The case of the Klimt found hidden in the wall of an Italian gallery may have finally reached its conclusion.

In December, a gardener clearing ivy at the gallery discovered the canvas, half-concealed by a trash bag, behind a metal panel on the gallery’s exterior. Investigations immediately went underway to determine if the painting was Gustav Klimt’s Portrait of a Lady (1916–17). On Friday, experts confirmed the painting was the prized Klimt, which had been stolen from the Galleria d’Arte Moderna Ricci Oddi in Piacenza, Italy, almost 23 years ago, and that it is now valued around $60 million.

Now, two men have declared themselves the perpetrators of the 1997 heist, according to a report in the Guardian. The men, who are believed to be members of a gang connected to dozens of heists in Italy’s northern region, confessed to the crime in a letter Ermanno Mariani, a journalist for the local newspaper, Libertà

The portrait went missing during preparations for an exhibition in which it was to be the centerpiece. Shortly before the theft, an art student had discovered that the canvas actually contained two portraits–Klimt had painted over Portrait of a Young Woman, which had not been seen since 1912. The discovery made the painting the only known “double” Klimt, as experts have labeled it. The painting’s broken frame was found on the gallery’s roof, leading police to assume at the time of the heist that it had been reeled through the open skylight.

In the letter delivered to Mariani, the authors describe stealing Portrait of a Lady in February 1997, and they explain their decision to return the painting “as a gift to the city.” They claim to have hidden the painting behind the panel four years after the heist. One of the men, with whom Mariani had previously been in contact during an unrelated investigation, had confessed his guilt to the journalist three years ago. He asked the journalist to arrange a meeting with investigators, but for reasons that are still unclear, he wasn’t viewed as credible by the city’s authorities, even after providing the address of a house where they claim the painting had been stored after the theft.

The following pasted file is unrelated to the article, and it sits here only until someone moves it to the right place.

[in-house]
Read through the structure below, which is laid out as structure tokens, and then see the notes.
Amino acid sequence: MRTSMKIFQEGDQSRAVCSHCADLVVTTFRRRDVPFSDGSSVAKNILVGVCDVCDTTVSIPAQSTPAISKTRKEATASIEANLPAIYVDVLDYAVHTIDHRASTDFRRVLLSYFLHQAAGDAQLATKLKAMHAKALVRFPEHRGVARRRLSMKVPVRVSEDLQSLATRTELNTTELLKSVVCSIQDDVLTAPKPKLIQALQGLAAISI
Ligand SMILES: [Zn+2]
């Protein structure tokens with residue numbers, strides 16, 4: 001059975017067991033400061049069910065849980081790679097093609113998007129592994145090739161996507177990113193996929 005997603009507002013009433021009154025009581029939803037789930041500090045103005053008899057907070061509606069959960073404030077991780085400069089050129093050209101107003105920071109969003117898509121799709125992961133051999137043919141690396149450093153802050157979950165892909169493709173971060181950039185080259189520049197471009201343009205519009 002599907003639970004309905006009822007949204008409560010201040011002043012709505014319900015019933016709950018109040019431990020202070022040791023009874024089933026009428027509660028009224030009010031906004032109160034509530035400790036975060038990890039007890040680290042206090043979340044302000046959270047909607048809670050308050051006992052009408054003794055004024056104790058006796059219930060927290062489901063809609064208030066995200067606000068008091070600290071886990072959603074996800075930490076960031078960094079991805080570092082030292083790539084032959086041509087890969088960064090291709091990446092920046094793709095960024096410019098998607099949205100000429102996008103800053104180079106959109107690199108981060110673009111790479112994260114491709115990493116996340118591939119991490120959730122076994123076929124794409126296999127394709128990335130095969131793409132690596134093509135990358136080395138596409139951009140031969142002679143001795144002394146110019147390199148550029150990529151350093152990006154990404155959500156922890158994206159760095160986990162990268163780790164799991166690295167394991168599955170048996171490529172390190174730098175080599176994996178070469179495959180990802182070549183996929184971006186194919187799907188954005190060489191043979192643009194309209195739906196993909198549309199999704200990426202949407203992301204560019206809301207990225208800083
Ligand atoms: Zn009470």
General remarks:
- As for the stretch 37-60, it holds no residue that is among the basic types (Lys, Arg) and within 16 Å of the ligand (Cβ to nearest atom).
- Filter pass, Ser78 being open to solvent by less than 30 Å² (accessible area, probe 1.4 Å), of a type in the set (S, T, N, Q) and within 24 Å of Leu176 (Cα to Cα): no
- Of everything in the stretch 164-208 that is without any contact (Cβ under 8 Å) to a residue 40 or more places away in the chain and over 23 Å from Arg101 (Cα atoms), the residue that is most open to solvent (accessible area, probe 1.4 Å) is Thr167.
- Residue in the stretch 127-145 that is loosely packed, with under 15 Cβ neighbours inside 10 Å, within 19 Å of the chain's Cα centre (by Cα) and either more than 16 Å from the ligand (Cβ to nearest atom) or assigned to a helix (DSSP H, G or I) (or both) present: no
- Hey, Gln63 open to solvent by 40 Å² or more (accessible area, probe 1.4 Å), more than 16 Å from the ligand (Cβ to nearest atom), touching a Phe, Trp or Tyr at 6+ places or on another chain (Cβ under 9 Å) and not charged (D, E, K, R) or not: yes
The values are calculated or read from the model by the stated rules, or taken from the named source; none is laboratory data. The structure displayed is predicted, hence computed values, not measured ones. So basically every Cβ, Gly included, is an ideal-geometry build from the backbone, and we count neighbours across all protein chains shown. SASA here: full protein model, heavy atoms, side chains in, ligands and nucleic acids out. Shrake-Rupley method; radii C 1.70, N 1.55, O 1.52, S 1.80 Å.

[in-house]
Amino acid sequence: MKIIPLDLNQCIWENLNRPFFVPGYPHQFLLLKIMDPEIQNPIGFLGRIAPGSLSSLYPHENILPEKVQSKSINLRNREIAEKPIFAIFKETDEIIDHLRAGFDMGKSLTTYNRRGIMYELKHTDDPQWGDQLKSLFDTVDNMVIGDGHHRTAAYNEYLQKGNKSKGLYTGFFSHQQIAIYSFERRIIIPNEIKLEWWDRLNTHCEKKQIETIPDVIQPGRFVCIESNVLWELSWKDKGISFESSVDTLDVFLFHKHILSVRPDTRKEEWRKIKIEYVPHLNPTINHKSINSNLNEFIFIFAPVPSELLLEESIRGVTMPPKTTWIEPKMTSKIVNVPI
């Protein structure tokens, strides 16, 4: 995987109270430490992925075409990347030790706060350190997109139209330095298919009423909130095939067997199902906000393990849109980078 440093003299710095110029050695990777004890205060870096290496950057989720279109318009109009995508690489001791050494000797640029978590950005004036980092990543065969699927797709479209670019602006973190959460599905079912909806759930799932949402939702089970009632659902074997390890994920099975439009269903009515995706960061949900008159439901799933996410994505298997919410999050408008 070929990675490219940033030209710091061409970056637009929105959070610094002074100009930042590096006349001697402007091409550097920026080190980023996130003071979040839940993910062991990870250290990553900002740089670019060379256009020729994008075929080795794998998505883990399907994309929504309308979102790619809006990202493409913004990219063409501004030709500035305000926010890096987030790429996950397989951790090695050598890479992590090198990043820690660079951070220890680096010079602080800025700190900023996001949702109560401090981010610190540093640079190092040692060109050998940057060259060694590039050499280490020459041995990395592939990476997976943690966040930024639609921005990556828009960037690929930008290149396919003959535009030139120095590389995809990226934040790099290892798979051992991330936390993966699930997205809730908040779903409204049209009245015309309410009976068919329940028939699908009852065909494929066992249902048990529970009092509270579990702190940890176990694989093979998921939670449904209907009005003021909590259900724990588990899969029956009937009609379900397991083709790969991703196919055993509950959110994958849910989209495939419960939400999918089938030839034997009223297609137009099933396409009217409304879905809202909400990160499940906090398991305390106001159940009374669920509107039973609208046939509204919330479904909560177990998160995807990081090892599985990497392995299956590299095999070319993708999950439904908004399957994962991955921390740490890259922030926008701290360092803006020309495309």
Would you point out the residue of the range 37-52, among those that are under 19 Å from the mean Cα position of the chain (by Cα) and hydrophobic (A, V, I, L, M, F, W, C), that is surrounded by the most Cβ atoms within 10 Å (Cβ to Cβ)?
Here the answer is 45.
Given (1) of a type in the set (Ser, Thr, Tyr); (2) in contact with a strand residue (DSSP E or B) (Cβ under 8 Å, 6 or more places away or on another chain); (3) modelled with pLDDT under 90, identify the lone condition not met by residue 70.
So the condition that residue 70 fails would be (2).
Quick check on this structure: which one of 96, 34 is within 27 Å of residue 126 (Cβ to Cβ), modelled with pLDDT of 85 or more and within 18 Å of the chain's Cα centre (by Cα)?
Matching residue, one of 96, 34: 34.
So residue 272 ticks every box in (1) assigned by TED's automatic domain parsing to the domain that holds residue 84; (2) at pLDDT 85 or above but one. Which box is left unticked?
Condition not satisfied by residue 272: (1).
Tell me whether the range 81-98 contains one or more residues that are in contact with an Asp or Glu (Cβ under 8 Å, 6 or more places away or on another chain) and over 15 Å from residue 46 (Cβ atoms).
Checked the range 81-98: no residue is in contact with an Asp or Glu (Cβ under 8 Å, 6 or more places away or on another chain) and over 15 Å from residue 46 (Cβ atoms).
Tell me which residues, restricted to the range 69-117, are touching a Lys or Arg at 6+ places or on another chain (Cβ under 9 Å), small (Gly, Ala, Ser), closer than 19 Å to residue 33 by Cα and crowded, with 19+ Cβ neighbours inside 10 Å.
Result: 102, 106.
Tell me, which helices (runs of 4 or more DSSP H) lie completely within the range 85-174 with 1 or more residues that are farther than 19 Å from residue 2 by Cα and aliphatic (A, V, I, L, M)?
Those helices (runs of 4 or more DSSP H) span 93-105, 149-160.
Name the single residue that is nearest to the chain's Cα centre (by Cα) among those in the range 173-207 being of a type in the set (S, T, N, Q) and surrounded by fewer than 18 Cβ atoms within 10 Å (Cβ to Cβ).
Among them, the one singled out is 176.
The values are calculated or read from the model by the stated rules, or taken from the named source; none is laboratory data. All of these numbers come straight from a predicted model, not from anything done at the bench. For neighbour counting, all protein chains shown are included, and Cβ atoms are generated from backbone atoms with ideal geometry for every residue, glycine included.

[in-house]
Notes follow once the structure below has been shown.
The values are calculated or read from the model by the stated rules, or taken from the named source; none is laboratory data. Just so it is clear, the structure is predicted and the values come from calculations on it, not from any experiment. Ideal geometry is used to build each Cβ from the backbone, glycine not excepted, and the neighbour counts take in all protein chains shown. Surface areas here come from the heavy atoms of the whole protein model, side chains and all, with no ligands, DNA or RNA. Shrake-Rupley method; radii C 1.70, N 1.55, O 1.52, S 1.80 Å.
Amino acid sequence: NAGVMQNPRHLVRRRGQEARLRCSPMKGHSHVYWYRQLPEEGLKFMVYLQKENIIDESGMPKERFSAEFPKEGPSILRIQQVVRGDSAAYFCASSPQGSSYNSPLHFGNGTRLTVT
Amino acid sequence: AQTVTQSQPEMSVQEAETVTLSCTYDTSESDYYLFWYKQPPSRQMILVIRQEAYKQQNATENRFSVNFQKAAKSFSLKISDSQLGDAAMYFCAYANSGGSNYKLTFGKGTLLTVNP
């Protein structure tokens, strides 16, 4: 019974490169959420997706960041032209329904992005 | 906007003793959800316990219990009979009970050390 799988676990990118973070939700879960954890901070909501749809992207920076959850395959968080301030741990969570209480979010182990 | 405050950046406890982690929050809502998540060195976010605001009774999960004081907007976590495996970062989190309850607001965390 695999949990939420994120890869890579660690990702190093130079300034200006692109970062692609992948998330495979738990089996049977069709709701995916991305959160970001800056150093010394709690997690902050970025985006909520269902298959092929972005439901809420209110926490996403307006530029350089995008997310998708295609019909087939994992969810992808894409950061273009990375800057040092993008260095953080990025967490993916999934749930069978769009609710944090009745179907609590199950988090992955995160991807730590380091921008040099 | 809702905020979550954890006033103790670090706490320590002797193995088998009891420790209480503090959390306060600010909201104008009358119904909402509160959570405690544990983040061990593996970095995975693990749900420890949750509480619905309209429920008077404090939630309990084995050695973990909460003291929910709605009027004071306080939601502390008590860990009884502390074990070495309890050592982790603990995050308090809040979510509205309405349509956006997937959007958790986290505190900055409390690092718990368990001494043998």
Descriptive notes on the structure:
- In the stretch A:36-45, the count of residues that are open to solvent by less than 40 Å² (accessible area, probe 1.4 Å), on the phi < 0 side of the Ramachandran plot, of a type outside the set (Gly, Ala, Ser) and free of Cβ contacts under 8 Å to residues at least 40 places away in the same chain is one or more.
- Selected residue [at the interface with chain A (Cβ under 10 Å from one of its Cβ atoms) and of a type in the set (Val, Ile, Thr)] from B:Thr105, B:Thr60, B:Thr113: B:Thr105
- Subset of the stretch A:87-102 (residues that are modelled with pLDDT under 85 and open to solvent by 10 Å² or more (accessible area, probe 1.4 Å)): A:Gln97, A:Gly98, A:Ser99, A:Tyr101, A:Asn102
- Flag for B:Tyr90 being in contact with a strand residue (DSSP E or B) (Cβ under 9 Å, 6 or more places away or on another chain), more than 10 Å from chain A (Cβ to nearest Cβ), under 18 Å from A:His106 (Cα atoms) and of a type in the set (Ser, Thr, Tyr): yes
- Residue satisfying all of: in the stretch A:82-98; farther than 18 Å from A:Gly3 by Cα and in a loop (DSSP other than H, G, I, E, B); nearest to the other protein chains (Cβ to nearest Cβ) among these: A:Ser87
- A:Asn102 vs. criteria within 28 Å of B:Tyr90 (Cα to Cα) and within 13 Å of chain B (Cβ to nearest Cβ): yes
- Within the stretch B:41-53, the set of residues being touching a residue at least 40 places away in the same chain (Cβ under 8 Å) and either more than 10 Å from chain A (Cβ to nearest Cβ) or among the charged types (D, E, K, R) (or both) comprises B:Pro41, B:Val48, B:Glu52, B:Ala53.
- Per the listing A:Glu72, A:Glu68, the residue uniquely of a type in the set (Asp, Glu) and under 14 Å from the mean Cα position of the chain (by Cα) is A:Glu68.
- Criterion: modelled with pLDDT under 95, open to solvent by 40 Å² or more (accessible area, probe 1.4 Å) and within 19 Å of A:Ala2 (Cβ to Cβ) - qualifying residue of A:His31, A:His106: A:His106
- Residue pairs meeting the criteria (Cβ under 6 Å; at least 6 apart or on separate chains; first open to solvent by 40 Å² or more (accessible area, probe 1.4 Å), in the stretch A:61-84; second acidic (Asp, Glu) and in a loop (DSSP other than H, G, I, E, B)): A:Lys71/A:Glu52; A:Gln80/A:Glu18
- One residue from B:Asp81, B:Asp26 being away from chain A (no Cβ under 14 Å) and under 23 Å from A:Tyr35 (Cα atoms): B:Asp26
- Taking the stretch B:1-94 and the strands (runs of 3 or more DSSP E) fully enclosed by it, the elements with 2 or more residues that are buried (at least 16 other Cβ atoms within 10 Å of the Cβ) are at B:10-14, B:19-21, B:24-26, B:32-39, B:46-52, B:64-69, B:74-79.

The Klimt was found in the cavity in an excellent condition, which could support the theory that it had been hidden elsewhere for a majority of the intervening years. Their motivations behind the timing of the first confession—20 years after the theft—likely have to do with an expired statue of limitations for the crime.

“It is a very strange story… they could have sold it or burned it, or whatever,” Guido Gulieri, a lawyer for the thieves, told the Guardian. “They won’t go to prison for it. But the good news is, we have found the painting.”



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